Sedbergh’s Fascinating Quaker Connection
Sedbergh has a fascinating history going back centuries. One if its many claims to fame is being the birthplace of the Quaker movement. The story starts back in 1652 when George Fox, the son of a Leicestershire weaver, rebelled against the religious establishment of the day and set off on a journey around the UK as a dissenting preacher.
While he was making his way north on foot, it was suggested that he should make contact with a group of like-minded people who were also disillusioned with the established church, called the Westmorland Seekers. Their leader, Richard Robinson lived at Brigflatts, a tiny hamlet on the edge of Sedbergh. Fox lodges with Robinson to break his journey and it turns out that they have much in common.
Fox’s Pulpit becomes the birthplace of the Quaker movement
Later that same week, Fox delivers a sermon in the churchyard of Sedbergh church. Word gets out that Fox has something interesting to say. His next sermon, at Firbank Fell just outside Sedbergh, which is now known as Fox’s Pulpit, was attended by over 1000 people. This was pretty astonishing when you consider that at the time, Firbank had a population of less than 100. It’s even more extraordinary when you see how challenging it would have been for people to travel to that point. This is acknowledged as the defining moment that started what was to become the Quaker movement.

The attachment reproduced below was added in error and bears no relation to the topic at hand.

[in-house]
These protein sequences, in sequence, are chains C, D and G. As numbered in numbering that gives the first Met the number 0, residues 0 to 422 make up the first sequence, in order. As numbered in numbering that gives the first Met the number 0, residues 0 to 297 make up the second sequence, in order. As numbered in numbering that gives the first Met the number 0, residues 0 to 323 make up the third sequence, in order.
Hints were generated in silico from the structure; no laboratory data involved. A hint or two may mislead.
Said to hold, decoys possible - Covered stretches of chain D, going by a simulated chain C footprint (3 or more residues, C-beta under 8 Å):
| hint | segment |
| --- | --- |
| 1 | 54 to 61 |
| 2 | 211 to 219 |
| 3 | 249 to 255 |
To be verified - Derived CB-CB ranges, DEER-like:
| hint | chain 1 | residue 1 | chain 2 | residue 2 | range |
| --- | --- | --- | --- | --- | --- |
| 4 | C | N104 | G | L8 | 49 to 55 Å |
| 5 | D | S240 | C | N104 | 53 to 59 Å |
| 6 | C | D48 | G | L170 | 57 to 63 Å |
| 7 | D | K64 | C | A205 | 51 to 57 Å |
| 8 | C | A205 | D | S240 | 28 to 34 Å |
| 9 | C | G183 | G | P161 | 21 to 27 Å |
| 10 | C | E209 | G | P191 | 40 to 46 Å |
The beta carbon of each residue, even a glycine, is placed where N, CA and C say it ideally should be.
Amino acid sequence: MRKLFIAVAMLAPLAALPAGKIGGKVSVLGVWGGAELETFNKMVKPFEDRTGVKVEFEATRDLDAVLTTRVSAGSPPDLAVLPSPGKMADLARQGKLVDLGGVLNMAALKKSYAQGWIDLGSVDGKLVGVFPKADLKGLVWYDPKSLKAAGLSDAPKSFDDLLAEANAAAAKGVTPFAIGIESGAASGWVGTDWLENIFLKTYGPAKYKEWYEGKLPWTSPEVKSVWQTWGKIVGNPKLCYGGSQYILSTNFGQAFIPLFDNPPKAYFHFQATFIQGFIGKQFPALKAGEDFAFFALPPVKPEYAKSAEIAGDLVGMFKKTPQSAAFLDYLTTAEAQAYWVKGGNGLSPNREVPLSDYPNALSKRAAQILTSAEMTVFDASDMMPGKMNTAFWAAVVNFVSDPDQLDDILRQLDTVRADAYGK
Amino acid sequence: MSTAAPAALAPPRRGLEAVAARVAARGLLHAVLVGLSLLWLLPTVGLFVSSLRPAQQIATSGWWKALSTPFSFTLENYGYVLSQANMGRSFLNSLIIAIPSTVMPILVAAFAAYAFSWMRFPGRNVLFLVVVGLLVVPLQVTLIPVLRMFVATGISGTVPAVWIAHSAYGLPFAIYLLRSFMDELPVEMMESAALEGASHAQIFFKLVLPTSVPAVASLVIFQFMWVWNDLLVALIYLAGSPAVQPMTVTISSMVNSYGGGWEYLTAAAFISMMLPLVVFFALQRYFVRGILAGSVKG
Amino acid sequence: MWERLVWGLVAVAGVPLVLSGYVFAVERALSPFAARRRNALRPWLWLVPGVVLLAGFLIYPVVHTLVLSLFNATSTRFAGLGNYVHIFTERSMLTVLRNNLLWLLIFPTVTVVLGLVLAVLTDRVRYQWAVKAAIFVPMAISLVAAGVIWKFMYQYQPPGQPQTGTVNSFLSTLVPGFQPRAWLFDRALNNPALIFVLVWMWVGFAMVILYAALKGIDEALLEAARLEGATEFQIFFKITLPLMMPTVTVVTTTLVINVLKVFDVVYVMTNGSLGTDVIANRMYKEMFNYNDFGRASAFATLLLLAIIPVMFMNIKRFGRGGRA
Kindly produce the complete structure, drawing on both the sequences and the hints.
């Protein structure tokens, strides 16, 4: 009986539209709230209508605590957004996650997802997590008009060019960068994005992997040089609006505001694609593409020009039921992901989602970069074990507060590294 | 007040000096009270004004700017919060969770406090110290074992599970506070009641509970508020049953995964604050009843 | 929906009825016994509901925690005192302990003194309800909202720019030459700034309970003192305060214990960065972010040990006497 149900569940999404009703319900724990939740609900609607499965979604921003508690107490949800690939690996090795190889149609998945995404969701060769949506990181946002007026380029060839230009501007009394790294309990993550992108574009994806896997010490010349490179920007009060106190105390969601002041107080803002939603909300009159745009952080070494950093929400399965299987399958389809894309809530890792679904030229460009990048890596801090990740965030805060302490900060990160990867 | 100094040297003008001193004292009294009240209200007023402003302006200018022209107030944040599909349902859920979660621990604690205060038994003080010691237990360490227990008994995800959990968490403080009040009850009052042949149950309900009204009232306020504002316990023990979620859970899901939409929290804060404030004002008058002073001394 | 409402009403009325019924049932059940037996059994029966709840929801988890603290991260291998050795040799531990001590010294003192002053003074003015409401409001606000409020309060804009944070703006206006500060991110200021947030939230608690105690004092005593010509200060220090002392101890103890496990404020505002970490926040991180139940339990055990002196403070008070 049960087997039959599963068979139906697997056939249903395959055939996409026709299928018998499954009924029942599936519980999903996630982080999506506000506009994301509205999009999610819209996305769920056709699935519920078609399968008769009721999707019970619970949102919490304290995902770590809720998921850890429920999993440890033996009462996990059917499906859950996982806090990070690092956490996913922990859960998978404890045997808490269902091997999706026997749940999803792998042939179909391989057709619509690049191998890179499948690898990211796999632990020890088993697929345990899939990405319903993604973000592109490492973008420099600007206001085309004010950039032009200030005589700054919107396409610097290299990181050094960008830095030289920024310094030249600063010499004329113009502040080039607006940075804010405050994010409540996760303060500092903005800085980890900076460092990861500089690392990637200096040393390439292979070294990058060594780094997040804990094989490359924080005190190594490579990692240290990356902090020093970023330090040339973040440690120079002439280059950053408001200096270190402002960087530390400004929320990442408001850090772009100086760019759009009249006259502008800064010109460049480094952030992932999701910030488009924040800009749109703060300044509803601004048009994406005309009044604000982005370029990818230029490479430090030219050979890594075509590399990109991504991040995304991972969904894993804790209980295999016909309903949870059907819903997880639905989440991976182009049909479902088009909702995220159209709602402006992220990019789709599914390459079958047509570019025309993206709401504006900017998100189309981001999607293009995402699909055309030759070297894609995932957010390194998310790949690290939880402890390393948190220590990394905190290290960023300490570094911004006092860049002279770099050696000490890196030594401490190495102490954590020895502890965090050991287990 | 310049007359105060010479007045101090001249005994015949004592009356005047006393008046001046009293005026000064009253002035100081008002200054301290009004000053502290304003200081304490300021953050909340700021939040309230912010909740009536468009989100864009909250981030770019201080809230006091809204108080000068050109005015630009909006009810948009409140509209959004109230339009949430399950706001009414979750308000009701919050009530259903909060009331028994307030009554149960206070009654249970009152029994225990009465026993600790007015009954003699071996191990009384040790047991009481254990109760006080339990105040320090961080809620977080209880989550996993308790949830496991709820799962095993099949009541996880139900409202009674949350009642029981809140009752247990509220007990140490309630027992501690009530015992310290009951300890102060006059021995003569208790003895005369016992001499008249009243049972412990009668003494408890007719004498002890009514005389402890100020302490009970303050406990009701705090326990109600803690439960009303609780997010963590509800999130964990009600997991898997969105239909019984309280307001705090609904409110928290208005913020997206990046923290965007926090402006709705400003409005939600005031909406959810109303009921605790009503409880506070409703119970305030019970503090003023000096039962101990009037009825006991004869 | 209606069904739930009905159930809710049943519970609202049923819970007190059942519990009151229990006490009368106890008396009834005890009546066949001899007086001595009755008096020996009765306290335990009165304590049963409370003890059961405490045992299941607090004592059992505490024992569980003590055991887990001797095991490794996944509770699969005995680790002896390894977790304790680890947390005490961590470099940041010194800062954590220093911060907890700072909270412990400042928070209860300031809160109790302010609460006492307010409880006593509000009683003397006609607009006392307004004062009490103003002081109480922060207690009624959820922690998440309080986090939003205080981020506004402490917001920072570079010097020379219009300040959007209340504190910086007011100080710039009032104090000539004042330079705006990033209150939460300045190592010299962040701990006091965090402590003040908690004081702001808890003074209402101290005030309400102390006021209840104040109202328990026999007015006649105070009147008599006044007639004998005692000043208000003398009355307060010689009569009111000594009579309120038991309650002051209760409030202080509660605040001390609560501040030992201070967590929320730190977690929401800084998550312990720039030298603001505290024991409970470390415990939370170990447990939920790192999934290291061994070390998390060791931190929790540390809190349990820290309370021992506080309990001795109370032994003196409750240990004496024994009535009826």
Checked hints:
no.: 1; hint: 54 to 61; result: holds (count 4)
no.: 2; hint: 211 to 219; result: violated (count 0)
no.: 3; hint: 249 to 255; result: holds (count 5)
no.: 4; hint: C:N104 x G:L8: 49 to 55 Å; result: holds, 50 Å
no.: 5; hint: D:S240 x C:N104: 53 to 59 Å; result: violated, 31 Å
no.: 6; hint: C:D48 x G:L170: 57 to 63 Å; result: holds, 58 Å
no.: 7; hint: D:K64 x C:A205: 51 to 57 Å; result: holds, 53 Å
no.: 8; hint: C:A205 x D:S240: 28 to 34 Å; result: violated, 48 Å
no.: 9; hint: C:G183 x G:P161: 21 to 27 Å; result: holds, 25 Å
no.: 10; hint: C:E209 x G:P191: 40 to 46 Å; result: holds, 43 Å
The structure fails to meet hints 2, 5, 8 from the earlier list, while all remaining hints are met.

A permanent ‘Quaker Meeting’ was established at Brigflatts that same year, and the Meeting House that currently stands was purchased from a Mr John Dawson 23 years later in 1677 for the princely sum of ten shillings (or 50p). It looks like a Yorkshire Dales farmhouse building that was typical in the 17th century.
A wonderful place to visit while in Sedbergh
The Meeting House at Brigflatts welcomes visitors anytime. It’s a very simple but beautiful place. The first thing you will notice is the peace and quiet. The ethos of the Meeting House is that anyone looking for some tranquillity can come and sit and think. This simple lime-washed building with its original wood panelled interior, attracts over 2000 international visitors a year who come to see the birthplace of the Quaker movement.
In addition, many walkers and visitors to Sedbergh and the Yorkshire Dales use the grounds of the Meeting House as a place to rest and eat their picnic lunches on the benches outside.
It’s open every day from 10am to 6pm (or until dusk in the winter). You can find out more about the Quaker Meeting house at Brigflatts here.
Visit The Malabar
If you are visiting The Meeting House at Brigflatts, naturally we’d be delighted to welcome you to the Malabar which is the perfect location for your Yorkshire Dales or Lake District holiday.